by the contrast with the better days gone by. The 
law of creation provided for new types, and at once for 
the elevation and degradation of them when introduced; 
and all this with reference to the physical conditions 
not of the present only but of the future. Such facts, 
which cannot be ignored save by the wilfully blind, are 
beyond the reach of any merely material philosophy. 


The little that we know of Silurian plants is as 
eloquent of plan and creation as that which we can 
learn of animals. I saw not long ago a series of 
genealogies in geological time reduced to tabular form 
by that ingenious but imaginative physiologist, 
Haeckel. In one of these appeared the imaginary 
derivation of the higher plants from Algae or sea-weeds. 
Nothing could more curiously contradict actual facts. 
Algas were apparently in the Silurian neither more nor 
less elevated than in the modern seas, and those forms 
of vegetable life which may seem to bridge over 
the space between them and the land plants in the 
modern period, are wanting in the older geological 
periods, while land plants seem to start at once into 
being in the guise of club-mosses, a group by no 
means of low standing. Our oldest land plants thus 
represent one of the highest types of that cryptogamous 
series to which they belong, and moreover are better 
developed examples of that type than those now exist- 
ing. We may say, if we please, that all the connecting 
links have been lost; but this is begging the whole 
question, since nothing but the existence of such links 
could render the hypothesis of derivation possible. 
Further, the occurrence of any number of successive 
yet distinct species would not be the kind of chain 
required, or rather would not be a chain at all. 

Yet in some respects development is obvious in 
creation. Old forms of life are often embryonic, 01 
resemble the young of modern animals, but enlarged 
and exaggerated, as if they had overgrown themselves 


and Lad prematurely become adult. Old forms are 
often generalized, or less specific in their adaptations 
than those of modern times. There is less division of 
labour among them. Old forms sometimes not only 
rise to the higher places in their groups, but usurp 
attributes which in later times are restricted to their 
betters. Old forms are often gigantic in size in com- 
parison with their modern successors, which, if they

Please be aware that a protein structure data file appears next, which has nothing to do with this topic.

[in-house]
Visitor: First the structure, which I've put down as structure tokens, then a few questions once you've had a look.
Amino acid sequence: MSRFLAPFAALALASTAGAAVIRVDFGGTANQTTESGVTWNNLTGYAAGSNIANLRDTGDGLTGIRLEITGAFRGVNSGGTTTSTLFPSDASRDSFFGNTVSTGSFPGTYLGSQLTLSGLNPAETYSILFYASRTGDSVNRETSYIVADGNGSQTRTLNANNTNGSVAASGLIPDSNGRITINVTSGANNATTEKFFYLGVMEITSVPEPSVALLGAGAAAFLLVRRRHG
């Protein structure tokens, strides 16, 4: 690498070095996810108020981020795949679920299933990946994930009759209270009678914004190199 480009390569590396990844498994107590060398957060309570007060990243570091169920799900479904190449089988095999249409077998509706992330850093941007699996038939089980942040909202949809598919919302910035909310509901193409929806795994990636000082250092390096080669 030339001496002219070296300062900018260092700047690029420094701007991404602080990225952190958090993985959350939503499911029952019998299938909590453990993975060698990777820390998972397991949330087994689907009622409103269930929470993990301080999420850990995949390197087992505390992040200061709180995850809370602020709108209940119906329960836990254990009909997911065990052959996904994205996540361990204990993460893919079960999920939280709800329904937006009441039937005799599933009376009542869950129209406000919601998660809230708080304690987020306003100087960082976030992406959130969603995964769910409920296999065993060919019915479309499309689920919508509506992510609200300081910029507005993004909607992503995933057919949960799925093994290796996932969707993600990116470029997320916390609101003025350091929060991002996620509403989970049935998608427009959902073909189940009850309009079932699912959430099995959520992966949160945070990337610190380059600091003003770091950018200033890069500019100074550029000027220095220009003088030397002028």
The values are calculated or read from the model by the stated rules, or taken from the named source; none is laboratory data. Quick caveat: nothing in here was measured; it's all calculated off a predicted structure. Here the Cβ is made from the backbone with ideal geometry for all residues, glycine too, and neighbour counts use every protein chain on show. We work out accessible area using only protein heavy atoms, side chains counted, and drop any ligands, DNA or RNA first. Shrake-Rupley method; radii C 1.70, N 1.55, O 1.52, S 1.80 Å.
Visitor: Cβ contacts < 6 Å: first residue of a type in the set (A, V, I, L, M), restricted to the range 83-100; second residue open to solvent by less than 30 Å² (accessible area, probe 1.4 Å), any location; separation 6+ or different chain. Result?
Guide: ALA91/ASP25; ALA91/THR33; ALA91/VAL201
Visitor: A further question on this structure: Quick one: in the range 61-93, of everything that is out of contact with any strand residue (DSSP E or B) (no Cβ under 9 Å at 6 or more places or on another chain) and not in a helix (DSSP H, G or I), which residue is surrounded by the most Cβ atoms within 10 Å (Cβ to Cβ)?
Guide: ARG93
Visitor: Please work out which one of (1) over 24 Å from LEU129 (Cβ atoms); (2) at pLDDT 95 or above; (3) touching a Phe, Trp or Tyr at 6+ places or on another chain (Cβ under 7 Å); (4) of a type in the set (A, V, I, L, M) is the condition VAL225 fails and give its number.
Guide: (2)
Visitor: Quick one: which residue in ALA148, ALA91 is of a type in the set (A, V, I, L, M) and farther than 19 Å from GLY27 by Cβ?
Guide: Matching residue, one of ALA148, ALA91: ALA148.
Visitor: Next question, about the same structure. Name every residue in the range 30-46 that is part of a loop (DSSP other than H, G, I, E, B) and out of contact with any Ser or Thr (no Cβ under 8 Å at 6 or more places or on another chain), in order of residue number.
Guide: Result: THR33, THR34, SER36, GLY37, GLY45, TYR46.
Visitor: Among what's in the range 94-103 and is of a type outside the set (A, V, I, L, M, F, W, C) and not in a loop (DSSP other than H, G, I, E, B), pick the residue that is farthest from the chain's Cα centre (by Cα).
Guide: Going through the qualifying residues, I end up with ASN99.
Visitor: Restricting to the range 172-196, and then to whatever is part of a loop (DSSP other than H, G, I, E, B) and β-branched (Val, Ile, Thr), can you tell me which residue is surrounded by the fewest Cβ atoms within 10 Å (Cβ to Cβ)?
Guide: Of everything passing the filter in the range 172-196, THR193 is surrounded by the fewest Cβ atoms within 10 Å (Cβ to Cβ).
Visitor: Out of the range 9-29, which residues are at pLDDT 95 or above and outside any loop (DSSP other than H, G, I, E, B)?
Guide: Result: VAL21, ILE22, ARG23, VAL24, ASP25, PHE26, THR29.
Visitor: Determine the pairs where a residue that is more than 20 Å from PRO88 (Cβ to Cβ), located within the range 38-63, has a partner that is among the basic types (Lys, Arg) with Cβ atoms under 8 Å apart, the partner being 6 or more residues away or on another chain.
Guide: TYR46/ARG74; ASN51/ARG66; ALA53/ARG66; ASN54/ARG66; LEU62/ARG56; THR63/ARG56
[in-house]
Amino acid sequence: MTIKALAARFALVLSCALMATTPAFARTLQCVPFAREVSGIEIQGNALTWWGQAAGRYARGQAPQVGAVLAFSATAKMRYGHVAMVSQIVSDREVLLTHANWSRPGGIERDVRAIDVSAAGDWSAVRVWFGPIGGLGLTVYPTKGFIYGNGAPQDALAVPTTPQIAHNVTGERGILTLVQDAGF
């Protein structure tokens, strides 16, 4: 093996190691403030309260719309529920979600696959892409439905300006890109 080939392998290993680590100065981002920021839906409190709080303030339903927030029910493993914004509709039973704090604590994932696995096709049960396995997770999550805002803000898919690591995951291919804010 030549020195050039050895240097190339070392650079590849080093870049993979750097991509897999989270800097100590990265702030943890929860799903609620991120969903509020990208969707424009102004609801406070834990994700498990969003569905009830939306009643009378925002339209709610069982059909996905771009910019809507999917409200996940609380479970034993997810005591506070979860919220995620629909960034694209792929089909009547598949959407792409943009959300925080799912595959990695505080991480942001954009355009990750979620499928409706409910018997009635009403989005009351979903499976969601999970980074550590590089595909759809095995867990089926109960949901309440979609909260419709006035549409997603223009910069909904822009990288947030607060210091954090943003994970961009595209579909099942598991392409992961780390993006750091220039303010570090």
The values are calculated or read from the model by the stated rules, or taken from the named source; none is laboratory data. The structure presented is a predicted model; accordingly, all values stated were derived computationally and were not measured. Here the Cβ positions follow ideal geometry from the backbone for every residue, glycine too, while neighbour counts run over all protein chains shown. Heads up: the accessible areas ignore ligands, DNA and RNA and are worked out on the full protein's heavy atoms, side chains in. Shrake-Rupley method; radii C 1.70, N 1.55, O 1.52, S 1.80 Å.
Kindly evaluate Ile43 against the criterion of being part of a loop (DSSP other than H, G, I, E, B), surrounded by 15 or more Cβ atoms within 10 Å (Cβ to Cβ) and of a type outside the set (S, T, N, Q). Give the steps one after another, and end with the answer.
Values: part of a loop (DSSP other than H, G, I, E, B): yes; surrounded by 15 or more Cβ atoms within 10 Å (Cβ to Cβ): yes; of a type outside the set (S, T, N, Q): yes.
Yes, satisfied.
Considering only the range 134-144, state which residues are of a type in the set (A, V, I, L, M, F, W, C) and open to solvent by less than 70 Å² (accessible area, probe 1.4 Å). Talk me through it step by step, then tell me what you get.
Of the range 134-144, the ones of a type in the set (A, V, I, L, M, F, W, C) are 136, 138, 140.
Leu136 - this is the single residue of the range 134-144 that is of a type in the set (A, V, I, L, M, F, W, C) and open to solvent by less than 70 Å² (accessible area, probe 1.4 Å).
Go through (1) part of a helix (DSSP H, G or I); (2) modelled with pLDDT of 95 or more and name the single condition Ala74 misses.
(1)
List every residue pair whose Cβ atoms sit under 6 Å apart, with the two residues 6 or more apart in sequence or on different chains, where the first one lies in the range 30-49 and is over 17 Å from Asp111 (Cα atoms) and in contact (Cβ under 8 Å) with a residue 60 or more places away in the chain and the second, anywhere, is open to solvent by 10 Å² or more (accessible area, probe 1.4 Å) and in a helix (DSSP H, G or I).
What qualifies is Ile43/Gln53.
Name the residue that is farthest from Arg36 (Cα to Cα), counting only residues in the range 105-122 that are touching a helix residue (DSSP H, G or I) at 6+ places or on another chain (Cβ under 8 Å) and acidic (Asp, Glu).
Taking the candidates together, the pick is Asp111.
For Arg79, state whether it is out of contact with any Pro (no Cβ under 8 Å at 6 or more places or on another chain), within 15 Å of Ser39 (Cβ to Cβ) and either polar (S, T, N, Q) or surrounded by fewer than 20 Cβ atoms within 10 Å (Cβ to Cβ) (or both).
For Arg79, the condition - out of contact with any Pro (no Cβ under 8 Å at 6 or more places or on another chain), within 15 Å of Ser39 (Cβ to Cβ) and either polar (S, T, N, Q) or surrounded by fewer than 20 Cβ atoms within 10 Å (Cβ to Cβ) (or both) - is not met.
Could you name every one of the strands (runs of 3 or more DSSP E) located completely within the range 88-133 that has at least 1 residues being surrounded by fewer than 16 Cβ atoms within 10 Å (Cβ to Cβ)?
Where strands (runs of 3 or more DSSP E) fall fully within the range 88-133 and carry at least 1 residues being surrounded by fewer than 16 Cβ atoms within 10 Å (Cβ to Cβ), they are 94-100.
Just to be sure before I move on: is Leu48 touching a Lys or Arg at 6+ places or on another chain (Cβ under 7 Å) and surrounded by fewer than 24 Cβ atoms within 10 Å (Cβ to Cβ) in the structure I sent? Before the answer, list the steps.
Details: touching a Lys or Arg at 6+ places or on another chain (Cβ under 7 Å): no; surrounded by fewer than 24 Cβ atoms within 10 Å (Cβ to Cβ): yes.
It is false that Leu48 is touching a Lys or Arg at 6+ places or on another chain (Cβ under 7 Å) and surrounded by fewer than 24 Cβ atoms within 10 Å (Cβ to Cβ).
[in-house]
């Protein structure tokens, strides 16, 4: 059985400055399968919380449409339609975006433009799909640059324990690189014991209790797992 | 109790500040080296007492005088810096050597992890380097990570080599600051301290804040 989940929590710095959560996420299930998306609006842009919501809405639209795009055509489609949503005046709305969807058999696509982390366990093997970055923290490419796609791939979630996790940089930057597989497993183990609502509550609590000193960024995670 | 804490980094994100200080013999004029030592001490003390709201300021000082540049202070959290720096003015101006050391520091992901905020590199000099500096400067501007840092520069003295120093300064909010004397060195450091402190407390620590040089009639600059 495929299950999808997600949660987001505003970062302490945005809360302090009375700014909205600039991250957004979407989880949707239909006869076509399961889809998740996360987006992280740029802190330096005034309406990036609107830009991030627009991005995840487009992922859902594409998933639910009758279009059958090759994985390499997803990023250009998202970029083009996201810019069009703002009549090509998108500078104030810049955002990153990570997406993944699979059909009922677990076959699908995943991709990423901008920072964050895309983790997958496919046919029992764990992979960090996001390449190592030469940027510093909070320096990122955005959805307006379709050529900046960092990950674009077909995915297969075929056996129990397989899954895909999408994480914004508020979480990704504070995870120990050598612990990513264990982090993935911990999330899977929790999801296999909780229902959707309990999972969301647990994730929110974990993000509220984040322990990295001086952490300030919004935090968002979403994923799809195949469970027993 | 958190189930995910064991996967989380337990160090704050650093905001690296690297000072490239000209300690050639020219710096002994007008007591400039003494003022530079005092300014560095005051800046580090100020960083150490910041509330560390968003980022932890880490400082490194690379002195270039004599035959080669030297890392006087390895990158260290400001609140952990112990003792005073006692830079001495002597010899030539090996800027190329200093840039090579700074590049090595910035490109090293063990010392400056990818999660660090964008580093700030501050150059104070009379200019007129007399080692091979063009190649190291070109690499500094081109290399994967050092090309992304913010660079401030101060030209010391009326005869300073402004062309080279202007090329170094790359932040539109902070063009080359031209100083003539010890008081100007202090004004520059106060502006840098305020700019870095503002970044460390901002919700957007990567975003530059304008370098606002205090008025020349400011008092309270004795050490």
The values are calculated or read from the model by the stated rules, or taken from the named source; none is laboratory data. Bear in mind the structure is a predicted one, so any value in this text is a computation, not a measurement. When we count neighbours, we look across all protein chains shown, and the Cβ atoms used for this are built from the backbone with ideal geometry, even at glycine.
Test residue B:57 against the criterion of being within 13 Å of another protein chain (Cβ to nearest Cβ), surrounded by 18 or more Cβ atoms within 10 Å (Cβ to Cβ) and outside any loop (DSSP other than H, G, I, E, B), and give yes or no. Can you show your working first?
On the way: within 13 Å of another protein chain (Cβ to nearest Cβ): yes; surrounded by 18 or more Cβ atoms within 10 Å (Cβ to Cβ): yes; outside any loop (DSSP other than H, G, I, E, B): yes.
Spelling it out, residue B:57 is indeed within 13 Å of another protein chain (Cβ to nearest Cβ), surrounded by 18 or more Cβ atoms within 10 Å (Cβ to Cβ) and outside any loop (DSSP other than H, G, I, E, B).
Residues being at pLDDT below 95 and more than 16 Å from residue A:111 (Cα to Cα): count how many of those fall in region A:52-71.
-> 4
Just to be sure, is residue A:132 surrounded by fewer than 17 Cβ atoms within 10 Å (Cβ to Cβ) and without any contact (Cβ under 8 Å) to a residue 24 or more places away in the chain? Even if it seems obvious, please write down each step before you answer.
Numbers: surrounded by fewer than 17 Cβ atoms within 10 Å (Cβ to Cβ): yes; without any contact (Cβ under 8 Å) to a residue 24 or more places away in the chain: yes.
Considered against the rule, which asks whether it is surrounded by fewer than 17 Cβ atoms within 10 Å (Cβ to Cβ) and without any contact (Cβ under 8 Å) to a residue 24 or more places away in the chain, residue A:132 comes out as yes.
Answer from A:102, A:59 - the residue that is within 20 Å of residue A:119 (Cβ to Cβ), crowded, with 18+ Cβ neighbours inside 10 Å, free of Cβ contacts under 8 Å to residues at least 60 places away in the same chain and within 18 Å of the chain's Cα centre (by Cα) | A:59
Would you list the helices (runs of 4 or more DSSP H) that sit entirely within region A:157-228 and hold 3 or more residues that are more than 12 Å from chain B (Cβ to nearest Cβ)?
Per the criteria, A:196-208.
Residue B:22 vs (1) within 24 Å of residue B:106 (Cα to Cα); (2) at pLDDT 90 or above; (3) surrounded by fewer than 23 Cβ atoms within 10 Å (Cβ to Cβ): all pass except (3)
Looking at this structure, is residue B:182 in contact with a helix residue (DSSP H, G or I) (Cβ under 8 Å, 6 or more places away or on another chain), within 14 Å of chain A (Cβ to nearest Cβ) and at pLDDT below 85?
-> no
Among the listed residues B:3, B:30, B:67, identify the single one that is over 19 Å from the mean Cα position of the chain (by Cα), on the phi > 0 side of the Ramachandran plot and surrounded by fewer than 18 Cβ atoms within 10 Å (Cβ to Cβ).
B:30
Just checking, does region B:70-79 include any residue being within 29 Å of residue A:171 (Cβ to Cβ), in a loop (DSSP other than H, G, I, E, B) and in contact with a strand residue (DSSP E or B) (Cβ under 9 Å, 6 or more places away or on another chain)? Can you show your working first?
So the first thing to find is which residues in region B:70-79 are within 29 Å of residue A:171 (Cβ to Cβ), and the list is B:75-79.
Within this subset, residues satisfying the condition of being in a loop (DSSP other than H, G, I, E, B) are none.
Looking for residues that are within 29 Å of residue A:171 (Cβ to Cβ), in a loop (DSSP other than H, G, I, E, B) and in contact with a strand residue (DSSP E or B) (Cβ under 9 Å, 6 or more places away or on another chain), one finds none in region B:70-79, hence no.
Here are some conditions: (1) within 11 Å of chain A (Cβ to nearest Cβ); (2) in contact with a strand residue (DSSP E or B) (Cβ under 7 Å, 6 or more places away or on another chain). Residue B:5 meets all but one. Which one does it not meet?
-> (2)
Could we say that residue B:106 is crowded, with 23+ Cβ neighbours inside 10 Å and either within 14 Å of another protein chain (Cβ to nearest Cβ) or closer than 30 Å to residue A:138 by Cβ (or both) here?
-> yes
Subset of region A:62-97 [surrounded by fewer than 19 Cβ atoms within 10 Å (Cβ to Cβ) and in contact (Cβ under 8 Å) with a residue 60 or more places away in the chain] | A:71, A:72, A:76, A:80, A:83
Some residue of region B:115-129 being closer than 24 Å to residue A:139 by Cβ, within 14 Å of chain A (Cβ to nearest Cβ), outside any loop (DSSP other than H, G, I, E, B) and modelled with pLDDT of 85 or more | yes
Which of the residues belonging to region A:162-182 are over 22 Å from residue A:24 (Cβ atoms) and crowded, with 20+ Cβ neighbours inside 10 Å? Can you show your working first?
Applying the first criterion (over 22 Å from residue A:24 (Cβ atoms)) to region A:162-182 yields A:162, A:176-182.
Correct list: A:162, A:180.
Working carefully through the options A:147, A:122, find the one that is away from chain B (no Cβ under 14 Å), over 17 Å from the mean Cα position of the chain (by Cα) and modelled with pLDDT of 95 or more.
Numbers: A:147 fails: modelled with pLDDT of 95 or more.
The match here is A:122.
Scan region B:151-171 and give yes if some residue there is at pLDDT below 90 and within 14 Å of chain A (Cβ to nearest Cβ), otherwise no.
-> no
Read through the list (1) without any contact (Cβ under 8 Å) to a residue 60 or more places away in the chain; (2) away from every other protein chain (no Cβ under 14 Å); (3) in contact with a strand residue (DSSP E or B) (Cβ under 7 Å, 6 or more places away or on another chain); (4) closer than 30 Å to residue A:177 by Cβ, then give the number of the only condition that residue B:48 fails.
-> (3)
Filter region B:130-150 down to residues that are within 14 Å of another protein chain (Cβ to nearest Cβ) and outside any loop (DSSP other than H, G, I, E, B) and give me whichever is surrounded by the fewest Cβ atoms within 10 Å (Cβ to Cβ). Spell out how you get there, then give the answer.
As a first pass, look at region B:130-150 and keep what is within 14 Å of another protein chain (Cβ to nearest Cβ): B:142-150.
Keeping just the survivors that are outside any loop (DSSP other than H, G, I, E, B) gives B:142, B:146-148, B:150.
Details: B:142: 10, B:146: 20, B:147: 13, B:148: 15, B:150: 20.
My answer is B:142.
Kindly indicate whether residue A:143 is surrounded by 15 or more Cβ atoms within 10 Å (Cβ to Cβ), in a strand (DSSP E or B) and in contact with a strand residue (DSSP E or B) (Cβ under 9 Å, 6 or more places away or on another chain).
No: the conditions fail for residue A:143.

could look back on their predecessors, might say, 
" There were giants in those days." Some old forms 
have gone onward in successive stages of elevation by 
a regular and constant gradation. Others have re- 
mained as they were through all the ages. Some have 
no equals in their groups in modern days. All these 
things speak of order, but of order along with develop- 
ment, and this development not evolution ; unless by 
this term we understand the emergence into material 
facts of the plans of the creative mind. These plans 
we may hope in some degree to understand, though we 
may not be able to comprehend the mode of action of 
creative power any more than the mode in which our 
own thought and will act upon the machinery of 
our own nerves. Still, the power is not the less real, 
that we are ignorant of its mode of operation. The 
wind bloweth whither it listeth, and we feel its 
strength, though we may not be able to calculate the 
wind of to-morrow or the winds of last year. So is the 
topirit of God when it breathes into animals the breath 
of life, or the Almighty word when it says, " Let the 
waters bring forth." 



PARADOXICAL as it may appear, this period of geological 
history has been held as of little account, and has ever 
been by some geologists regarded as scarcely a distinct 
age, just because it was one of the most striking an d 
important of the whole. The Devonian was an age of 
change and transition, in both physical and organic 
existence ; and an age which introduced, in the 
Northern hemisphere at least, more varied conditions 
of land and water and climate than had previously 
existed. Hence, over large areas of our continents, 
its deposits are irregular and locally diverse; and 
the duration and importance of the period are to be 
measured rather by the changes and alterations of 
previous formations, and the ejection of masses oE 
molten rock from beneath, than by a series of fossil - 
iferous deposits. Nevertheless, in some regions in 
North America and Eastern Europe, the formations of 
this era are of vast extent and volume, those of North 
America being estimated at the enormous thickness of 
15,000 feet, while they are spread over areas of almost 
continental breadth. 

At the close of the Upper Silurian, the vast con- 
tinental plateaus of the northern hemisphere were 
almost wholly submerged. No previous marine lime- 



stone spreads more widely than that of the Upper 
Silurian, and in no previous period have we much less 
evidence of the existence of dry land ; yet before the 
end of the period we observe, in a few fragments 
of land plants scattered here and there in the marine